ifft2(a, s=None, axes=(-2, -1), norm=None)¶
Compute the 2-dimensional inverse discrete Fourier Transform.
This function computes the inverse of the 2-dimensional discrete Fourier
Transform over any number of axes in an M-dimensional array by means of
the Fast Fourier Transform (FFT). In other words,
ifft2(fft2(a)) == a
to within numerical accuracy. By default, the inverse transform is
computed over the last two axes of the input array.
The input, analogously to
ifft, should be ordered in the same way as is
fft2, i.e. it should have the term for zero frequency
in the low-order corner of the two axes, the positive frequency terms in
the first half of these axes, the term for the Nyquist frequency in the
middle of the axes and the negative frequency terms in the second half of
both axes, in order of decreasingly negative frequency.
Input array, can be complex.
Shape (length of each axis) of the output (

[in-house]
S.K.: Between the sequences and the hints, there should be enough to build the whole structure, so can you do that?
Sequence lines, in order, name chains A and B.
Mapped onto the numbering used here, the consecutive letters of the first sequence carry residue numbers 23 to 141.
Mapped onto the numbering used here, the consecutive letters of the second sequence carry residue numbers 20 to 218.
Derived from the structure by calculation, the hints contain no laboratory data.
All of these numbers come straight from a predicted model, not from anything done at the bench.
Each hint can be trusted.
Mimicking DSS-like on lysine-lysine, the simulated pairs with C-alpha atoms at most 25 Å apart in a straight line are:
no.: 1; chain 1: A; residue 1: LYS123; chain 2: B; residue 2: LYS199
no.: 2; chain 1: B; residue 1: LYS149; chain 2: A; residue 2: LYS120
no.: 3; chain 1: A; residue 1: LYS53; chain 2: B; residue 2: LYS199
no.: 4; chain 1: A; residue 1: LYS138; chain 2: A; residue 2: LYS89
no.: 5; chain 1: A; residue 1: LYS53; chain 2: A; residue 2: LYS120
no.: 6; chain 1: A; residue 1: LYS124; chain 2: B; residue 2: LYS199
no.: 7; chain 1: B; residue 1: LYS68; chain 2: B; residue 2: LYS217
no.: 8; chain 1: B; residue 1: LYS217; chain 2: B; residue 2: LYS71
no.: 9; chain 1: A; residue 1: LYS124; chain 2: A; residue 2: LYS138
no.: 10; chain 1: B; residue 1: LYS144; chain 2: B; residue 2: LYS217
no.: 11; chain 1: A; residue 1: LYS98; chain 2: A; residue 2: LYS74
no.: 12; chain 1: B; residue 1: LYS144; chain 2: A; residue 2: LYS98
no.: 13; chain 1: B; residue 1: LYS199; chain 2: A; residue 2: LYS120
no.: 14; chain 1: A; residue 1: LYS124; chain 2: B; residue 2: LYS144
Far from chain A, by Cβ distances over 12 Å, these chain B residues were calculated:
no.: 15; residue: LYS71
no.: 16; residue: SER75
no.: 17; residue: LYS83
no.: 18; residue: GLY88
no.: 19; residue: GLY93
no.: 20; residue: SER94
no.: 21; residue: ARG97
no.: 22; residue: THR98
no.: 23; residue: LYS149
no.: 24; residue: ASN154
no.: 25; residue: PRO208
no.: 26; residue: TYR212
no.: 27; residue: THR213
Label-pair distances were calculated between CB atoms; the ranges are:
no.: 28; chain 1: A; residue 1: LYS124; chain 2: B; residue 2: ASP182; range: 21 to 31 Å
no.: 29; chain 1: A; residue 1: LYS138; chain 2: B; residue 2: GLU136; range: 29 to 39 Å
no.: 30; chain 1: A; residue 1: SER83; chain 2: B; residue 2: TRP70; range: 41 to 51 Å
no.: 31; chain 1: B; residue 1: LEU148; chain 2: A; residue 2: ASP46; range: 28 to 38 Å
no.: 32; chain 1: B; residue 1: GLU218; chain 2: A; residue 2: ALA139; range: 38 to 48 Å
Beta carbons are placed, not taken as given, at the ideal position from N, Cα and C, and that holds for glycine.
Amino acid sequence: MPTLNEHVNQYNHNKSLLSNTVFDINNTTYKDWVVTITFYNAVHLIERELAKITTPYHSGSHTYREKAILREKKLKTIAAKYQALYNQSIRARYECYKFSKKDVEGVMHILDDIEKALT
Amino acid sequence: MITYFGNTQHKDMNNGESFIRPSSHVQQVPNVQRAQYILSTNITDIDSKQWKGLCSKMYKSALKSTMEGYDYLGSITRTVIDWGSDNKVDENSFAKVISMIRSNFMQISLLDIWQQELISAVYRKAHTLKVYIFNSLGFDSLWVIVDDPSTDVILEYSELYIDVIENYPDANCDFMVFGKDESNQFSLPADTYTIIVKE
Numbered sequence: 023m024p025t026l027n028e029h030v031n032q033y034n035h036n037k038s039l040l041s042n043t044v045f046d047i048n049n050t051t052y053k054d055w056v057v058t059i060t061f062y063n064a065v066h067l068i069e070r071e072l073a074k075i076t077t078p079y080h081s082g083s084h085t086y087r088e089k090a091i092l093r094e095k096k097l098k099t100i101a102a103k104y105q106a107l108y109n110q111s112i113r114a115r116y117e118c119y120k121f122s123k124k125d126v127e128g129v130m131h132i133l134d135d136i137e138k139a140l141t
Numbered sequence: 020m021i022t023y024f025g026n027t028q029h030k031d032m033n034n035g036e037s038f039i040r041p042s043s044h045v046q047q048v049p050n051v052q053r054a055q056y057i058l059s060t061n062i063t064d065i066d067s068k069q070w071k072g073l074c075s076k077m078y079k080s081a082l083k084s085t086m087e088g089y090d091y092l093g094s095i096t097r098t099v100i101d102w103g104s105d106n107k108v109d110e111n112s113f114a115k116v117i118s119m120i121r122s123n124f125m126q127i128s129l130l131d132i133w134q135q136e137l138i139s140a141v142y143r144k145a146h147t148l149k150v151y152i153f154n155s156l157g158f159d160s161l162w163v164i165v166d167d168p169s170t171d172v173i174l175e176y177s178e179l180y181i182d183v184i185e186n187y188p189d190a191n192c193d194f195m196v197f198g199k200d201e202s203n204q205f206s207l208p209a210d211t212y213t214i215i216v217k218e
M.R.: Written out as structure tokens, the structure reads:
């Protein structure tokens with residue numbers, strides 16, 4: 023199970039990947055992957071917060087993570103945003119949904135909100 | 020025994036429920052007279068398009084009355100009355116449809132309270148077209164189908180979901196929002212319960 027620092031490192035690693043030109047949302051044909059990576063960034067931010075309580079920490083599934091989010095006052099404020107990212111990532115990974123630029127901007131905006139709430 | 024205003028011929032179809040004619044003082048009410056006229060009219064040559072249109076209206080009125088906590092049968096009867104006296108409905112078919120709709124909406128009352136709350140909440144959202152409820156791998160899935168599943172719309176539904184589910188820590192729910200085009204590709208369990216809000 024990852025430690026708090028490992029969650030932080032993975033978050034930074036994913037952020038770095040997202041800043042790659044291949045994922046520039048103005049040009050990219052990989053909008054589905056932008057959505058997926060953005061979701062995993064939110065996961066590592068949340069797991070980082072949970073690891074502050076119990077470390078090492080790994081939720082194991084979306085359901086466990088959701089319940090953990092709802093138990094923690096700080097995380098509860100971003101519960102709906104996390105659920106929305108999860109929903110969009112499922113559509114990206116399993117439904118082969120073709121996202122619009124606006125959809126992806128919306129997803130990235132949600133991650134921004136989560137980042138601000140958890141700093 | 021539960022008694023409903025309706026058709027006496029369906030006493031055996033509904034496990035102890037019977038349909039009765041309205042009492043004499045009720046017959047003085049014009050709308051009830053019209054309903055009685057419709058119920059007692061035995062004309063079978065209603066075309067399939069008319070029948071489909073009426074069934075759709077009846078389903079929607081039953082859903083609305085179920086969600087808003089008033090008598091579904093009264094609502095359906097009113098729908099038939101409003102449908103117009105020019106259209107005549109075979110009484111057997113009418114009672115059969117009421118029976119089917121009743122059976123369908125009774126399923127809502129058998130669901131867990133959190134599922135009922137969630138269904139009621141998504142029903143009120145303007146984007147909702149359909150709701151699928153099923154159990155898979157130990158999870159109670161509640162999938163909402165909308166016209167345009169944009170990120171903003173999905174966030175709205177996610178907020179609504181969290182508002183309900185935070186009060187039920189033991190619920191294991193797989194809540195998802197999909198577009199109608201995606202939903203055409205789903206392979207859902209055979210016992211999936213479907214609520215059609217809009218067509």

s refers to axis 0,
s to axis 1, etc.). This corresponds to n for
Along each axis, if the given shape is smaller than that of the input,
the input is cropped. If it is larger, the input is padded with zeros.
if s is not given, the shape of the input along the axes specified
by axes is used. See notes for issue on
ifft zero padding.
Axes over which to compute the FFT. If not given, the last two axes are used. A repeated index in axes means the transform over that axis is performed multiple times. A one-element sequence means that a one-dimensional FFT is performed.
New in version 1.10.0.
Normalization mode (see
numpy.fft). Default is None.
The truncated or zero-padded input, transformed along the axes indicated by axes, or the last two axes if axes is not given.
If s and axes have different length, or axes not given and
len(s) != 2.
If an element of axes is larger than than the number of axes of a.
Zero-padding, analogously with
ifft, is performed by appending zeros to
the input along the specified dimension. Although this is the common
approach, it might lead to surprising results. If another form of zero
padding is desired, it must be performed before
ifft2 is called.
>>> a = 4 * np.eye(4) >>> np.fft.ifft2(a) array([[1.+0.j, 0.+0.j, 0.+0.j, 0.+0.j], # may vary [0.+0.j, 0.+0.j, 0.+0.j, 1.+0.j], [0.+0.j, 0.+0.j, 1.+0.j, 0.+0.j], [0.+0.j, 1.+0.j, 0.+0.j, 0.+0.j]])